A Conversation about Moving Through Grief in Uncertain Times

This interview is from an Instagram Live conversation by Brooke Small with friend and Certified Grief Therapist Jesie Steffes. It has been edited for brevity and clarity. Brooke and Jesie are leading a weekly COVID-19 support group this month called "Making Meaning out of Chaos." For more information click here.

Why don't you introduce yourself and tell us what your specialty is?

Jesie: My name's Jesie Steffes and I'm a Certified Grief Counselor through the American Institute of Health Care Professionals. I specialize in grief, mourning, loss, and traumatic loss. I currently work full-time at a university counseling students and I do my grief work on the side. I love grief and I have loved grief for a long time.

Can you talk a little bit about why you love grief and why you became interested in doing that kind of work?

Jesie: Absolutely. I was shocked when I was doing my fieldwork as a student to discover the prevalence of grief. Many clients would come to me in distress and when we really looked at what was happening it boiled down to feelings of loss and feelings of grief. Grief is so often the central point or the root of the things that are going on for people and we tend to overlook it in society. One of the things that is important to me is to be a person that shines light on grief and says “actually that is loss”, “that is grief”. Grief is also a really pure and clean emotion. It's palpable and it's hard to sit with, but it's part of being human. Grief is part of the richness of being human and I'm honored to witness people going through it.

Brooke: I agree. I call it sacred space when I get to be in that space with my clients. I tell clients when they come to see me for the first time that I look through a lens of grief, because I don't think that there is anyone that sits across from me that isn’t touched by grief. There is a reason they have come to see me and grief is usually underneath all of that.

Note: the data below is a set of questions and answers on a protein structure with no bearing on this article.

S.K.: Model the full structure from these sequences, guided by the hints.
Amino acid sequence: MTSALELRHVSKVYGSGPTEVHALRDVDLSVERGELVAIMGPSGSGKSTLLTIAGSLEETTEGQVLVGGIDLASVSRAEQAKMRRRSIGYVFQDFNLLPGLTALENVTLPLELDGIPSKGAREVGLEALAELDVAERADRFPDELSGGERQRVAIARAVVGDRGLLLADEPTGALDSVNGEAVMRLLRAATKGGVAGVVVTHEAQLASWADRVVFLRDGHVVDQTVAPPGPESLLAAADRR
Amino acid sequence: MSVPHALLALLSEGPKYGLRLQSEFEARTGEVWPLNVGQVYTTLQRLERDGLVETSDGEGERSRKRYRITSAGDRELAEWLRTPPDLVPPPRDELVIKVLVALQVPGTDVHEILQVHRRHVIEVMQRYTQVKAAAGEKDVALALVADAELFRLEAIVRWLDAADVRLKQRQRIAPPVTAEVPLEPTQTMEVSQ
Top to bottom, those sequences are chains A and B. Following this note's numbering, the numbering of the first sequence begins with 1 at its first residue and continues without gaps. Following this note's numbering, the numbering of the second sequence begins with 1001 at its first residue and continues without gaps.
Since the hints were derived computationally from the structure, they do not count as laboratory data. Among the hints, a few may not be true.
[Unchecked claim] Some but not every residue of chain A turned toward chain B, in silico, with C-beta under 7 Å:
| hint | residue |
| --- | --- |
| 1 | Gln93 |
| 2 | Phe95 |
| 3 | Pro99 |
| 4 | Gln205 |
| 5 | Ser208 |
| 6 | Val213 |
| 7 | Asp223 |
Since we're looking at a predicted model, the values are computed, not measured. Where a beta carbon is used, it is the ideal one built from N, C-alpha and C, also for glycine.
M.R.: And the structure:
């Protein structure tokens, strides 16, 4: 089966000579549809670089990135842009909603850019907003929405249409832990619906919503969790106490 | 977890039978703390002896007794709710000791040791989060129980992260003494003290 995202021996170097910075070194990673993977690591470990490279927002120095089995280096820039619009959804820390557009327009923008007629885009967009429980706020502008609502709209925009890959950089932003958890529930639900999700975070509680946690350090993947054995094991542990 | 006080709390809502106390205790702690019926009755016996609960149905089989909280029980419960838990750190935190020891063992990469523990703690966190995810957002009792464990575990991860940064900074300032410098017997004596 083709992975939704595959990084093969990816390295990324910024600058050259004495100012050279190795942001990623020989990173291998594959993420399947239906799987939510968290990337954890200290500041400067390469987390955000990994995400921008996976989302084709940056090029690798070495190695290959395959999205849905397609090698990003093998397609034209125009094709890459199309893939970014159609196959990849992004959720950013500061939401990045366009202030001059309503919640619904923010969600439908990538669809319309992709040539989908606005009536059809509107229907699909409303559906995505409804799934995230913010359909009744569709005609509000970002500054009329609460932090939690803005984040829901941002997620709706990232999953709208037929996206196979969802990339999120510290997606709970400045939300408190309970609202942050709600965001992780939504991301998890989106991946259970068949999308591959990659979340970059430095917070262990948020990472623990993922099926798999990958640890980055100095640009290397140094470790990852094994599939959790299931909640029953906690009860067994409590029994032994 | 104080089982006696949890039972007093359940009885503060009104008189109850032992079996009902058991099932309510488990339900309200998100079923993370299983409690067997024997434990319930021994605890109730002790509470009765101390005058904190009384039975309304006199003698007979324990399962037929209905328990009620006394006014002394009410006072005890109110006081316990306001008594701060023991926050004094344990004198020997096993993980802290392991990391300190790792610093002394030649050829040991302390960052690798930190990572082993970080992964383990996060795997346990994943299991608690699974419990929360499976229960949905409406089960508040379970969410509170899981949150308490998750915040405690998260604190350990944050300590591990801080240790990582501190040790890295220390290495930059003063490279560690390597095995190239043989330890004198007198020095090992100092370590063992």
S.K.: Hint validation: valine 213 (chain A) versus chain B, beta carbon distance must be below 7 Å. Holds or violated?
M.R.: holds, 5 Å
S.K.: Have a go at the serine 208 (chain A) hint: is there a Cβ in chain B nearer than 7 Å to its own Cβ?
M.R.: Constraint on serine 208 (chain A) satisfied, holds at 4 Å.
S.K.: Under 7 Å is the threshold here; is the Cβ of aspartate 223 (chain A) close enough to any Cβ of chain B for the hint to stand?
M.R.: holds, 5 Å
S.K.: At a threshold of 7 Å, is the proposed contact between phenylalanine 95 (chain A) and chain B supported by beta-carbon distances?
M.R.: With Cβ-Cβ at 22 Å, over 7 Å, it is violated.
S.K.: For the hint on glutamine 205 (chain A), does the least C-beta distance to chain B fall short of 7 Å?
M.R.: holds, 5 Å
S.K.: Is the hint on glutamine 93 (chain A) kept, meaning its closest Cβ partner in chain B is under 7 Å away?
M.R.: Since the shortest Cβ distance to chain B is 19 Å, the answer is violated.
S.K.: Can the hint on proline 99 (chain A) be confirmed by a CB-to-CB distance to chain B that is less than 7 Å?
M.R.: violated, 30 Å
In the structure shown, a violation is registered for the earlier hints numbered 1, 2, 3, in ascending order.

How do I know that I'm grieving?

Jesie: I love this question because grief doesn't present itself by name. It doesn't walk up to us and introduce itself as grief. It often manifests as physical symptoms: aches and pains, feeling really really tired, fatigue. Sadness obviously can be part of grief. But most of the time grief looks like an impairment. It’s like we are running a race and grief knocks our legs out from underneath us and sometimes we keep trying to run but our legs have been knocked out. So grief can feel like anything. If you don’t have the language to describe or interpret grief it usually manifests itself in physical ways.

Brooke: I think that a lot of us are feeling that way now, especially fatigue. We want to do something but we just can't find the energy to do it. I think it's important to remember that grief isn't always associated with the loss of someone, it's also associated with major changes in our life, which we're all experiencing right now.

Jesie: I love that you're bringing up the idea of change and loss, because with every change there can be some great stuff happening if it's a positive change. But there is also a losing of the things that were, the loss of familiarity, and that's grief just as much as when we lose somebody.

Brooke: Someone just said they feel exhausted and I would agree. I've had days in the last couple weeks where I just felt so tired.

Jesie: I'm getting a lot of messages about the idea of this pandemic being a vacation time. Like this is a chance for you to build things and create things. While I believe that can be true, we wouldn't sit across from someone who is grieving and ask them “What kinds of things are you making right now?” or “What are you creating?” We have some compassion for that person, some empathy, and some understanding. Hopefully that compassion includes ourselves. Maybe now is not the time to reorganize the spice rack or paint a room.

Brooke: I think that it's fair to also say that sometimes when people grieve they do need to do those things to keep them busy.

Jesie: Yeah, and there's no right or wrong way to grieve and feel it. One of the things I tell clients who enter my office regarding grief is that everything in grief is normal. There's nothing abnormal in grief. So whatever response you have, it's okay and it's allowed.

Do you think grief is different from trauma?

Jesie: I think that they are twins, but not identical.